In his decade as attorney general José Antonio Sossa had no problem covering for all manner of racketeering and public corruption, but was vigorous in his pursuit of journalists who wrote about such things in general and people who criticized him in particular. But now that his powers are gone, people are less afraid to be disrespectful to Sossa. And so it is reported in La Prensa and El Panama America that Sossa has a November 22 appointment with the corregidora of Bella Vista, made after an acrimonious October 23 argument with the neighbors. According to published accounts it started when the former attorney general's son dumped ashes from a grill into the sewer and the neighbors protested. The neighbors allege that the elder Sossa was drunk and became aggressive. Sossa alleges that the neighbors shouted epithets that included allegations that the son was a drug trafficker and the father ran with Madam Thonya, the notorious procurer for child prostitution. While he was attorney general Sossa had a newspaper editor who published allegations that Sossa was a client of Madam Thonya's young hookers' services summarily jailed and charged the lawyer who made the allegation with criminal defamation. But Sossa didn't prevail in the latter case and whether the underlying accusation is true or not it seems that some people are no longer hesitant to shout it in his face on the streets of Panama City. This does seem to upset Sossa, and it will be up to the unfortunate corregidora, Lourdes Guerra, to sort out precisely what was said and done when the hearing is held.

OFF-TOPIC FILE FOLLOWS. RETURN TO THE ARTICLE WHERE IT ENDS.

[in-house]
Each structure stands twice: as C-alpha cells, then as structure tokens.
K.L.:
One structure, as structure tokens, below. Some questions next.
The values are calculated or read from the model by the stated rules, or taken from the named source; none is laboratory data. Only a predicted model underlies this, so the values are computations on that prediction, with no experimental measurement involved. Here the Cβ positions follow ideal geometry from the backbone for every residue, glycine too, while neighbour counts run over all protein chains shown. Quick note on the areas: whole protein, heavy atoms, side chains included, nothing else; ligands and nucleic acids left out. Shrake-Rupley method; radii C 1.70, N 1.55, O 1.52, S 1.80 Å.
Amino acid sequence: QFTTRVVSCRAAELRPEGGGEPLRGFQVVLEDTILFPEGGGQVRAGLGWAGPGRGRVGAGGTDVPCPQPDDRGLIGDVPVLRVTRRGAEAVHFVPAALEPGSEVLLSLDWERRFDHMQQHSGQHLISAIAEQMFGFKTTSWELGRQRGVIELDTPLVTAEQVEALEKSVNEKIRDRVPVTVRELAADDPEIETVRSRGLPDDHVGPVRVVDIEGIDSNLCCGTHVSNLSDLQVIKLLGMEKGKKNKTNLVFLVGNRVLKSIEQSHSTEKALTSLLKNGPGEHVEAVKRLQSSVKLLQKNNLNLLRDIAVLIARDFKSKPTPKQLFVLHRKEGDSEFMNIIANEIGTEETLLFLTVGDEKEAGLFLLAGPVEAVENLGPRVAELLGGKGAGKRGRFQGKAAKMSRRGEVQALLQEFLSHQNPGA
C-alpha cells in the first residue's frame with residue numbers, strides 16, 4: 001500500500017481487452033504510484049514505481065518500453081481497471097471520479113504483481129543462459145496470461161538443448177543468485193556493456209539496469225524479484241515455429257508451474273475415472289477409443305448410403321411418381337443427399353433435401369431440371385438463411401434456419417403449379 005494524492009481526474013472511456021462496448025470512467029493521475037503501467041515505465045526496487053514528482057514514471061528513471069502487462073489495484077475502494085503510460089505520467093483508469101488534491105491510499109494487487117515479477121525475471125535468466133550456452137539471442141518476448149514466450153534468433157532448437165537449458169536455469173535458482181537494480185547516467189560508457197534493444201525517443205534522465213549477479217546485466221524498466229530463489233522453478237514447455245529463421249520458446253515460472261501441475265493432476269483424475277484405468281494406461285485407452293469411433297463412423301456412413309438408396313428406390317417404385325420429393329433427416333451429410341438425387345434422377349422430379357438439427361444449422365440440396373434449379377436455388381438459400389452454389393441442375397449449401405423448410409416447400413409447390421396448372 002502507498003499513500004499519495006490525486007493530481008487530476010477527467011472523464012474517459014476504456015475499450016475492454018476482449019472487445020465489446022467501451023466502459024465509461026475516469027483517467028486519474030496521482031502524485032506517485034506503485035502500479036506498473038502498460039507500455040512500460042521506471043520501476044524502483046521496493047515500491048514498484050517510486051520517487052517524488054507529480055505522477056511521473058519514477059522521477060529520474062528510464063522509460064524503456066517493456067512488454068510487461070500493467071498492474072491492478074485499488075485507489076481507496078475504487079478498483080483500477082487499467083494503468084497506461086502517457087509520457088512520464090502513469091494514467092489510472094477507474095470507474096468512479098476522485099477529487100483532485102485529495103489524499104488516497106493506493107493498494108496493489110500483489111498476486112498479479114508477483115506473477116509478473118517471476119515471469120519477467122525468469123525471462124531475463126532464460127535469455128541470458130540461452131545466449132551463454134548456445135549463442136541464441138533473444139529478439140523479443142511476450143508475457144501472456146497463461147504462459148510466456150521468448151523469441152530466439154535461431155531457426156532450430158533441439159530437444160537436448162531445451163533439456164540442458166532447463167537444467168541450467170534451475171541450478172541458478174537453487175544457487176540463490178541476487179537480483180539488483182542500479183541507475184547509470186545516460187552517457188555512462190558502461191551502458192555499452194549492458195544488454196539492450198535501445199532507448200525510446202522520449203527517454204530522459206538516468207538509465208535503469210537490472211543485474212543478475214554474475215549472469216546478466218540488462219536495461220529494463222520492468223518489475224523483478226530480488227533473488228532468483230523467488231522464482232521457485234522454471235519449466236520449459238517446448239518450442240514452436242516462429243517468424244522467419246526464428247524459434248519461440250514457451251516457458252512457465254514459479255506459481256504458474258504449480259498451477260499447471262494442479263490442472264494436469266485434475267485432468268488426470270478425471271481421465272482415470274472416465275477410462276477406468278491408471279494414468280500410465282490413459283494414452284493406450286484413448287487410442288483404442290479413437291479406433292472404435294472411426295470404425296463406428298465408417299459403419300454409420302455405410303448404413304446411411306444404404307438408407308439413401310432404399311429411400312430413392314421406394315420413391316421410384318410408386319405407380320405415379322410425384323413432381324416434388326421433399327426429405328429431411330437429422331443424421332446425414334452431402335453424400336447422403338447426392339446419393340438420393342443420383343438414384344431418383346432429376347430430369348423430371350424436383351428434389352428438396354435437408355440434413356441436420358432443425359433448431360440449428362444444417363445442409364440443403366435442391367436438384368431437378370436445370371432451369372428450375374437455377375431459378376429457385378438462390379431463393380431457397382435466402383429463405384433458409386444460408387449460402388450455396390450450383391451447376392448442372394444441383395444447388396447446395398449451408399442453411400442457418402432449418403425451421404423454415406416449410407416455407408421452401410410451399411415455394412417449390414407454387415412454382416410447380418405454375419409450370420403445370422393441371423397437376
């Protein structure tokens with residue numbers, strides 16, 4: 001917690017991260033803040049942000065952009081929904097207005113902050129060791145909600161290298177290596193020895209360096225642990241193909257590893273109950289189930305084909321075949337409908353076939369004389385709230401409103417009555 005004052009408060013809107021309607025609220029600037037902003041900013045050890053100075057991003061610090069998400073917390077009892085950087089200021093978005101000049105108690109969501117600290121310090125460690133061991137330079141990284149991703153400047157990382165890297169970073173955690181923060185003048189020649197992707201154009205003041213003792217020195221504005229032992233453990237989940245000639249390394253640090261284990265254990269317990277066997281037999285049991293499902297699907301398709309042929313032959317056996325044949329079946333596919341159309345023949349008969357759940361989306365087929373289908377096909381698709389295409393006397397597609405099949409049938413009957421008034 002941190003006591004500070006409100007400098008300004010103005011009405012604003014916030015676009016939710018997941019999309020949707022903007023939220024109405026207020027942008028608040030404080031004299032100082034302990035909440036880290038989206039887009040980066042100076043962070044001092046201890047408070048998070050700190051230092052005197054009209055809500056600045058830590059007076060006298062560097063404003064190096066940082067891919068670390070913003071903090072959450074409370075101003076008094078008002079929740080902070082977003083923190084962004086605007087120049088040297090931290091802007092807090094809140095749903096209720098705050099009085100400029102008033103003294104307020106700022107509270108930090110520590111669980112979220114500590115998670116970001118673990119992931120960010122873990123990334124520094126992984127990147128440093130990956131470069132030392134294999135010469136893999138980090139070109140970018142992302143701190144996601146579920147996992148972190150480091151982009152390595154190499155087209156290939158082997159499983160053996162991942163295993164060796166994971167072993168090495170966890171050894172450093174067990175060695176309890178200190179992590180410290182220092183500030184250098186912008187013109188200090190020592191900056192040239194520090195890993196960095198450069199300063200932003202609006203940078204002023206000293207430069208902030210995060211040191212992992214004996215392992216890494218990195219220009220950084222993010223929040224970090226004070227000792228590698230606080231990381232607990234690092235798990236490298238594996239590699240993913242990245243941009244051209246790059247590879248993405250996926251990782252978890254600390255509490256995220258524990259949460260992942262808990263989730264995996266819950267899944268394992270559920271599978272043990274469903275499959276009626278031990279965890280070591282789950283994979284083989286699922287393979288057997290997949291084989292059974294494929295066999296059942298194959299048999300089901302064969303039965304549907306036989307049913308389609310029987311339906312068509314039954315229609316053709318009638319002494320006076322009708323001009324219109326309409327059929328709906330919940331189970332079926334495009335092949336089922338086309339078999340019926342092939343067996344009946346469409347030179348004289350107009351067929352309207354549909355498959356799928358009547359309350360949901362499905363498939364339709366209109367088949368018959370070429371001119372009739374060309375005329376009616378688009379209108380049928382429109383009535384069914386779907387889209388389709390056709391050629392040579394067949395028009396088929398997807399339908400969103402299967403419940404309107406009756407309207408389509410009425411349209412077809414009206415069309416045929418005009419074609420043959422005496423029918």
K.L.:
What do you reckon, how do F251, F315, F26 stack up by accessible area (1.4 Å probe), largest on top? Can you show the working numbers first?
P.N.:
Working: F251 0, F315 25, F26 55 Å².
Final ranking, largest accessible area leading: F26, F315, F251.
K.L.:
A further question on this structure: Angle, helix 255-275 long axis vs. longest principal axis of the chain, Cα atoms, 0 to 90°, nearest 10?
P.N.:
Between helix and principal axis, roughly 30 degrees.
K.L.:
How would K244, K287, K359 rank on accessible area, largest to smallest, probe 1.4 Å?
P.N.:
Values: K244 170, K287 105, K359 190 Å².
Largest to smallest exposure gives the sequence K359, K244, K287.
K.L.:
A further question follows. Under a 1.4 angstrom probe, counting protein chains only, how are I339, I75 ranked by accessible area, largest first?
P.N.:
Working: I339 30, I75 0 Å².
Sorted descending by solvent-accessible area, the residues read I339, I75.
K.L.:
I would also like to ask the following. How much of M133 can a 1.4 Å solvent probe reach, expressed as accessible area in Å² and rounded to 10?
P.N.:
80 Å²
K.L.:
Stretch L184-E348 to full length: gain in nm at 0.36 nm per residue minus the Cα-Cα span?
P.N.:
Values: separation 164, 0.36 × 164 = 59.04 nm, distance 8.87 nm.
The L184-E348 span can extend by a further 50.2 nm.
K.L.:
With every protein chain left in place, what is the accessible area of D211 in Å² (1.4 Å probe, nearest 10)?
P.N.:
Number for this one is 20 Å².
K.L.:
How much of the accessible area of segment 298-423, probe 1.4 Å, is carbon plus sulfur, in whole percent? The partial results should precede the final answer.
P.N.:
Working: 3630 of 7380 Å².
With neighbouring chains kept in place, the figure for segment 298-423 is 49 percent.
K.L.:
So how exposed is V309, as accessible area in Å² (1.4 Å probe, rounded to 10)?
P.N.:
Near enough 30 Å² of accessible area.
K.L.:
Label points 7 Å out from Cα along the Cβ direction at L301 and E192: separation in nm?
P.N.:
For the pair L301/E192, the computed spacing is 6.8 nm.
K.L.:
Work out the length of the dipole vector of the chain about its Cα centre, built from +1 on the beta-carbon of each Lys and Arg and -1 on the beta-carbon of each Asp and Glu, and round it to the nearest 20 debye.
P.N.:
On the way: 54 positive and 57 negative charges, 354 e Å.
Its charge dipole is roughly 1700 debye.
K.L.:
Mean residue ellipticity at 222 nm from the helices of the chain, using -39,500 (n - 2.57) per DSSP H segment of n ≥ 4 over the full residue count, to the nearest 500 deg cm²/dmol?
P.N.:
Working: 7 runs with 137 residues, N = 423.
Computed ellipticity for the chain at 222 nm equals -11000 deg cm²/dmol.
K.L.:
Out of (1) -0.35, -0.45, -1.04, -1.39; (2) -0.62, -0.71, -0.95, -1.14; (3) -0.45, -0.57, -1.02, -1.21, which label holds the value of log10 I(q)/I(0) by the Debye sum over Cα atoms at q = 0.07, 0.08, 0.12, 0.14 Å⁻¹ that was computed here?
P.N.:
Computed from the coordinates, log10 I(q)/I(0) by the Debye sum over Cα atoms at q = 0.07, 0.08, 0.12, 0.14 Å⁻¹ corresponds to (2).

Former police sergeant killed and dismembered
Retired Police Sergeant Graciano Coparropa Alvarez was found dead in some tall grass in the Villa Unida area of Chilibre on October 21, having been shot, stabbed and mutilated. There was no blood on the scene, which suggests that he was killed elsewhere and dumped where he was found, and that more than one person was probably involved in the crime. The 49-year-old Graciano is survived by a widow and three children, aged three, eight and 11 years. He was driving a taxi to support his family when he died, and his cab was found less than a kilometer from the body.
Penonome corregidor busted for shakedown
Jacinto Lombardo, a corregidor in Penonome, has been arrested for allegedly demanding $360 each from two suspects accused of theft to set them free.
Gang threats diminish Colon's parades